The development of nanotechnology for atomically precise manufacturing would benefit from the ability to attach specific chemical binding sites to scanning probe microscope tips. Carbon nanotubes offer several advantages as very sharp probes for nanotech tools. Writing at nanotechweb.org (requires free registration), Belle Dumé reports that Japanese scientists have succeeded in chemically attaching proteins specifically to the tips of multiwalled carbon nanotubes, avoiding contaminating attachments to the sides of the nanotubes. From “Proteins get attached to carbon nanotubes“:
A new way to attach proteins on to the tip of carbon nanotubes has been devised by researchers in Japan. Not only is the technique simpler than existing methods to attach biomaterials to nanotubes, it also eliminates the annoying problem of proteins attaching to the nanotube sidewalls. The protein-nanotube tips could be used to manipulate individual biomolecules and measure single biomolecule dynamics — something that is impossible with conventional silicon probes and laser tweezers.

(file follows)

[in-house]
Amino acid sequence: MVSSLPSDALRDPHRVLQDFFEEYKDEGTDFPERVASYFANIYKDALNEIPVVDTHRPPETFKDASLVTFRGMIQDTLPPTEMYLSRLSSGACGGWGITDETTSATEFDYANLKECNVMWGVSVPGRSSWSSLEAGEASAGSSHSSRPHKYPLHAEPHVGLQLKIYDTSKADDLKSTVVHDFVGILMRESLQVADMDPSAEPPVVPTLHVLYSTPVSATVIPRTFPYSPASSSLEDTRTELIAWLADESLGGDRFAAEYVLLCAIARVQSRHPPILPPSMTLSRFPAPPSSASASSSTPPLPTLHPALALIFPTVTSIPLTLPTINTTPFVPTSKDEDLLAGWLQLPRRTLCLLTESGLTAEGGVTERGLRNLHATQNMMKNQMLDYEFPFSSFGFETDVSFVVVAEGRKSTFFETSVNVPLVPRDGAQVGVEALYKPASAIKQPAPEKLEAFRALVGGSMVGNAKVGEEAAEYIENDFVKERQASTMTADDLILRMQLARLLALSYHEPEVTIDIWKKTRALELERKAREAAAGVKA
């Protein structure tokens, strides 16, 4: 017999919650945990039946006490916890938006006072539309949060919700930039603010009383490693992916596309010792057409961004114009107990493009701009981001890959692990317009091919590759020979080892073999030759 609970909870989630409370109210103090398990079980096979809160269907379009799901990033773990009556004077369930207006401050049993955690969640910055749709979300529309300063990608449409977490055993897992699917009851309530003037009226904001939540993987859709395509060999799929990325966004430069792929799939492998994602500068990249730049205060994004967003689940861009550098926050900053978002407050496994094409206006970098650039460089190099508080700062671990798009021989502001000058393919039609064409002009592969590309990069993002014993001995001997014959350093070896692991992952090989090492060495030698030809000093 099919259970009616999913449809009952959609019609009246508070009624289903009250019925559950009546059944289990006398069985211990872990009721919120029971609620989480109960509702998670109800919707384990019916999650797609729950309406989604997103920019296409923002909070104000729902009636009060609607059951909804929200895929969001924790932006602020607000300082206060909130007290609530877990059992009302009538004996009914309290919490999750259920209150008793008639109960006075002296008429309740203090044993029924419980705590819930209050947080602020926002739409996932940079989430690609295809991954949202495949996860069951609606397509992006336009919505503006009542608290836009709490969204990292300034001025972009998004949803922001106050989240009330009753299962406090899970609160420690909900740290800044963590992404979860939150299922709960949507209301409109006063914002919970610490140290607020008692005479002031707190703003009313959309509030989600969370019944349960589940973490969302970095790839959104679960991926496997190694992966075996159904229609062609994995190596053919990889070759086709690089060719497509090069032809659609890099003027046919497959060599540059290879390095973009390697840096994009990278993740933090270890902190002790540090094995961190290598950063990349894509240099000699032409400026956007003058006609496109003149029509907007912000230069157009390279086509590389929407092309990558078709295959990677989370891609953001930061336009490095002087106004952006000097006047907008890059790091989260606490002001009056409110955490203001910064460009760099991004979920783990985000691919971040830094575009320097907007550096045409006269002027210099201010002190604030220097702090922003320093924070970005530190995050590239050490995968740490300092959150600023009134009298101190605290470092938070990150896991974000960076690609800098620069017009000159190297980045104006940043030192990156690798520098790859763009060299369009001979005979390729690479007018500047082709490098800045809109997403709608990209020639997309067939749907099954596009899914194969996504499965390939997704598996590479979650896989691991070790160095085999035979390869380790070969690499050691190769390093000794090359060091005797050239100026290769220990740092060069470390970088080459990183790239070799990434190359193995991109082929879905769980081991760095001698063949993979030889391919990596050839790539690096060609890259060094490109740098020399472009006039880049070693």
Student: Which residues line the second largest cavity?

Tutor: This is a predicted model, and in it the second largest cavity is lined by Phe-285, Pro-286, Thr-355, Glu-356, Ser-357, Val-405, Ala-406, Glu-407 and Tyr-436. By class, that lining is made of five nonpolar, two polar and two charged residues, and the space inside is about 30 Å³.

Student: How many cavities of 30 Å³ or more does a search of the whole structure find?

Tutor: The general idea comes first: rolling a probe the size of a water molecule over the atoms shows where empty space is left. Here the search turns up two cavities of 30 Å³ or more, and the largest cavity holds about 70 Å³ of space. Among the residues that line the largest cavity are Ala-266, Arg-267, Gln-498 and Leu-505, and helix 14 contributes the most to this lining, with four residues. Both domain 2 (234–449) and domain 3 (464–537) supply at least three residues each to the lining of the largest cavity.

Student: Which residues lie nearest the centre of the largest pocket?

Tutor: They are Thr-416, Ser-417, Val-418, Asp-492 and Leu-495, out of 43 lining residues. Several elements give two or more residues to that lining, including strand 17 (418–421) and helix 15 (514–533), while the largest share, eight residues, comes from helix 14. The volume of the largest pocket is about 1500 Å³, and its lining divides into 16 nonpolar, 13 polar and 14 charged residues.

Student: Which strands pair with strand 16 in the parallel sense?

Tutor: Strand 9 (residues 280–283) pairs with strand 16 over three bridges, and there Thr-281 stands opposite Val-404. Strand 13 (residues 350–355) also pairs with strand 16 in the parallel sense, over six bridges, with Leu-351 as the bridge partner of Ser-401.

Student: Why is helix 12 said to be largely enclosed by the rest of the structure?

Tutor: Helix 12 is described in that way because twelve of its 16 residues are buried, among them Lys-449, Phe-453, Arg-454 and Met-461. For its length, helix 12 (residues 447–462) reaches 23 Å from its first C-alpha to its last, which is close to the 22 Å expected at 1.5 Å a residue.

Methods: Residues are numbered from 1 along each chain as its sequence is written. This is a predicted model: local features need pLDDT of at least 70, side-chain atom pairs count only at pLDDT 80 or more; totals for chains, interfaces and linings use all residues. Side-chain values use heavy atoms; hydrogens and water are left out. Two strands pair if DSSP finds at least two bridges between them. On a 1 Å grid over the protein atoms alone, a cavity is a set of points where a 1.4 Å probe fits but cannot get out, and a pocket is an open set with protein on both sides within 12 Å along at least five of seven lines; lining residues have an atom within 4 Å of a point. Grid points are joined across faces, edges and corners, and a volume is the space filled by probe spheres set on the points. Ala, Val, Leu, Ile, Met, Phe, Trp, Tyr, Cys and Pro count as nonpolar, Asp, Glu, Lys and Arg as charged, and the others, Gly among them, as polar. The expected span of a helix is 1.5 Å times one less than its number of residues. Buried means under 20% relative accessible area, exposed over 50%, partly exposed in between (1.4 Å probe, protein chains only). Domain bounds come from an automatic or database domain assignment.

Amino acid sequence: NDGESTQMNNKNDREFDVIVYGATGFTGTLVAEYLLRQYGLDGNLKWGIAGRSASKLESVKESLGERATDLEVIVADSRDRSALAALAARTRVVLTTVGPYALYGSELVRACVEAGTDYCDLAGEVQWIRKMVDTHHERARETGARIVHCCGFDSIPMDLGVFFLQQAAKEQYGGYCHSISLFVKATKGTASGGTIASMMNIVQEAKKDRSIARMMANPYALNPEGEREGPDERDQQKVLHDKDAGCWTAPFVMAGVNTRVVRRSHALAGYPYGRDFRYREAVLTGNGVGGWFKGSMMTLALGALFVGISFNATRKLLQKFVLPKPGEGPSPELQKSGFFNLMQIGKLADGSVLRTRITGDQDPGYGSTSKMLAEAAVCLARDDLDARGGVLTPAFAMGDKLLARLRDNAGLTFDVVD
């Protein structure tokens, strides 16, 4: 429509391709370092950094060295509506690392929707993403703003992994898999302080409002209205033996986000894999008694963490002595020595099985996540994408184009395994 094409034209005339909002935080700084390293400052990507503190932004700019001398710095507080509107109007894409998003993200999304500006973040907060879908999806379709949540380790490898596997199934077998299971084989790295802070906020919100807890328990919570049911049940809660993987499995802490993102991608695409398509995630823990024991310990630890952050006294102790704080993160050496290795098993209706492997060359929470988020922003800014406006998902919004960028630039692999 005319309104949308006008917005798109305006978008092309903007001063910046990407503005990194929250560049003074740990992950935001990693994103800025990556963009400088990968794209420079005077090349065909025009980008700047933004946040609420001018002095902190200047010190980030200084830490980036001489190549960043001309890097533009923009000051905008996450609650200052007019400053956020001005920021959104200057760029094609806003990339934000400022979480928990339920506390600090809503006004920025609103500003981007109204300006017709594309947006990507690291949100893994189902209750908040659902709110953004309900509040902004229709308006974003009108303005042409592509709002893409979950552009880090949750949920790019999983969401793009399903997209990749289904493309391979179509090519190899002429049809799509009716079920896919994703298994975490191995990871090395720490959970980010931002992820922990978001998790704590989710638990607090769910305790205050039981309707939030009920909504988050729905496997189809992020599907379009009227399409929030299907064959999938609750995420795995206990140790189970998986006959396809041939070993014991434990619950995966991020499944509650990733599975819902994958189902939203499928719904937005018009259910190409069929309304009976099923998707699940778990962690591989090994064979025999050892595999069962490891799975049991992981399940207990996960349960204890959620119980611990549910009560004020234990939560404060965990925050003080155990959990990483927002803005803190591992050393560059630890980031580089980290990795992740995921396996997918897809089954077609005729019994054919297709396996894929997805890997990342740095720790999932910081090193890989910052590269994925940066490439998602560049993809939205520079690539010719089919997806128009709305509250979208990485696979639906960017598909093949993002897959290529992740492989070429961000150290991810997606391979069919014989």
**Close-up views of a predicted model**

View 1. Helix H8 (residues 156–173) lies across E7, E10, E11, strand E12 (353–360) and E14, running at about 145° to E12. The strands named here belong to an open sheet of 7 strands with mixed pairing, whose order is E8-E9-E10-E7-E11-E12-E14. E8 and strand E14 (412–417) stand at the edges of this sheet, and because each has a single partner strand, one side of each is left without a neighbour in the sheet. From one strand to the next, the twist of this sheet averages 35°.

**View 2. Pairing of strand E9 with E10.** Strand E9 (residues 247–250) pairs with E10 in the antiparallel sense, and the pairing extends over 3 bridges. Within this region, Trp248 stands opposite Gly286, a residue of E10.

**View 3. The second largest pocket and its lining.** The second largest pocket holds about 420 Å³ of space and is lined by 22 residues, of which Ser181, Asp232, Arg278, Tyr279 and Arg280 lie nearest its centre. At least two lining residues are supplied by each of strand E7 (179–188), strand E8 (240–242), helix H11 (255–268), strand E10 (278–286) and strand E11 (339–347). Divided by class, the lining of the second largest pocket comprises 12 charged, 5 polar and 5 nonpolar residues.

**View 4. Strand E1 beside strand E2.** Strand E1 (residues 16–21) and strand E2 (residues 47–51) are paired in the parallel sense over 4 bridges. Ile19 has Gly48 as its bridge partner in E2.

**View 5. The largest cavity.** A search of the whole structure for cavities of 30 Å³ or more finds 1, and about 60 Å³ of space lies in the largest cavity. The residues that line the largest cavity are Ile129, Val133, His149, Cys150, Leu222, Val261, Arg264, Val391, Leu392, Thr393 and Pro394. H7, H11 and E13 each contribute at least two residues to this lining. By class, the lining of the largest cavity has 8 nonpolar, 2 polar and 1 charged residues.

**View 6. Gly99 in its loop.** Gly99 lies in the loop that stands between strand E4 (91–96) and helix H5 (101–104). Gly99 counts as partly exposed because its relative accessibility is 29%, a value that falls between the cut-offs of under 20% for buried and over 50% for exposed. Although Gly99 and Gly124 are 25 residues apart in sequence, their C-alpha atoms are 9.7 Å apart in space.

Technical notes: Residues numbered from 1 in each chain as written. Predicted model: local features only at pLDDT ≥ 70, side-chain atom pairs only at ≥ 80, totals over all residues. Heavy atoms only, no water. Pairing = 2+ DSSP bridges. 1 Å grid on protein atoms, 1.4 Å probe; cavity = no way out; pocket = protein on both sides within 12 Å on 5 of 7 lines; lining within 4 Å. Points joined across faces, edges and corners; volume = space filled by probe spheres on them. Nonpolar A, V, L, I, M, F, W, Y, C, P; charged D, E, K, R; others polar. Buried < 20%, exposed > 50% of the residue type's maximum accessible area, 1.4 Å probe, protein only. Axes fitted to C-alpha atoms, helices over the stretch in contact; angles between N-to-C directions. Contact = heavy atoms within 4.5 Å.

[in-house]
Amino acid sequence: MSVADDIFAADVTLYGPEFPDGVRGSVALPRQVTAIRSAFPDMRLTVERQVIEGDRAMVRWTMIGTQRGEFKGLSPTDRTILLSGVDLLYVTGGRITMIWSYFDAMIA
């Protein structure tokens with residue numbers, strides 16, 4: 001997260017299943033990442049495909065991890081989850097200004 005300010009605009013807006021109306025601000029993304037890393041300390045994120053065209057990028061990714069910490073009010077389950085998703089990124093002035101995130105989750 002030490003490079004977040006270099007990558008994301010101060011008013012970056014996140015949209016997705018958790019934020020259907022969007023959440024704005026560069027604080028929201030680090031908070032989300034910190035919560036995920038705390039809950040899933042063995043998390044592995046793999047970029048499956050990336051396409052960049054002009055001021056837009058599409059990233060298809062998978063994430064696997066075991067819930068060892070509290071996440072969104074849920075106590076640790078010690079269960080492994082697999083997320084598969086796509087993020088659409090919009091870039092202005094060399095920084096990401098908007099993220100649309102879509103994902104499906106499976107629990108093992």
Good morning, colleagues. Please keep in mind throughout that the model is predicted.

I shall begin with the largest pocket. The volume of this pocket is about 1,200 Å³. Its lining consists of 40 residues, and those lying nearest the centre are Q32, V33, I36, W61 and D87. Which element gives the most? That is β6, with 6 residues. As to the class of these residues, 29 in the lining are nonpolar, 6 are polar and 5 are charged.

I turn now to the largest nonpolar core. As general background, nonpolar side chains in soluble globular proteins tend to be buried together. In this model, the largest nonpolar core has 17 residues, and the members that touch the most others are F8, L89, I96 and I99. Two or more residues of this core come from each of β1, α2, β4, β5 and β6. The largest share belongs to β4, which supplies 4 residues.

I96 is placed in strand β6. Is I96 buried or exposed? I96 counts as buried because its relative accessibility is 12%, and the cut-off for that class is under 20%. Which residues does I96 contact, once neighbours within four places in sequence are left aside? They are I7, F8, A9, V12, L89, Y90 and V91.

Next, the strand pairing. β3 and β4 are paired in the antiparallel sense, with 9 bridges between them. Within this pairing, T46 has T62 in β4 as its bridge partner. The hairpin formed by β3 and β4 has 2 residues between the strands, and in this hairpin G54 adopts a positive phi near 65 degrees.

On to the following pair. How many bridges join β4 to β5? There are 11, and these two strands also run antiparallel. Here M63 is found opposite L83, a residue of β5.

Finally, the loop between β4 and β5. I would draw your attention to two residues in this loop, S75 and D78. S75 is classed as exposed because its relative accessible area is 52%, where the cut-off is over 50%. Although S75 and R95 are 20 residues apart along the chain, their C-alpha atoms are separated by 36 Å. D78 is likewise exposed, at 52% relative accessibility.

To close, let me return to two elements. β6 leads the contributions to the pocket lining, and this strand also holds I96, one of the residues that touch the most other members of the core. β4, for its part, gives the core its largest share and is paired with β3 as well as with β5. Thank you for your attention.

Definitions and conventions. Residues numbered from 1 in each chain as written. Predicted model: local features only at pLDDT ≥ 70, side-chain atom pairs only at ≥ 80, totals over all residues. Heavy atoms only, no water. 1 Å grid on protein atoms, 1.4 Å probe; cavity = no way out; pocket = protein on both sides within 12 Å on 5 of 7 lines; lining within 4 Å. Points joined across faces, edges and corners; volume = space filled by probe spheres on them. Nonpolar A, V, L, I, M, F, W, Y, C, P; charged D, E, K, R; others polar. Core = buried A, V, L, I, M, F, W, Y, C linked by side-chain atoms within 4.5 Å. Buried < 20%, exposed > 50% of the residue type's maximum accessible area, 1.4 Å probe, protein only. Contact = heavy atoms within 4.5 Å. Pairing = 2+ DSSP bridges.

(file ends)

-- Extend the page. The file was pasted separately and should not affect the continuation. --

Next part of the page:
The radius of carbon nanotube tips is about the same size as many nanobiomaterials. This means that nanotubes can be used to probe the structure of biomaterials such as proteins. What is more, CNTs have a very high mechanical strength and so can be used as force measurement probes attached to single protein molecules.
Although researchers have attached proteins to CNTs before now, the procedures they employed were complex. Moreover, there was the problem of “sidewall decoration”, where proteins become attached to the sides of the nanotubes through Van de Waals attractions. Now, Yoshikazu Nakayama of Osaka University and colleagues have overcome this challenge by developing a simple route to covalently attach proteins onto the sharpened tips of multiwalled carbon nanotubes (MWCNTs) without sidewall decoration.
The research was reported in the Journal of Applied Physics (abstract).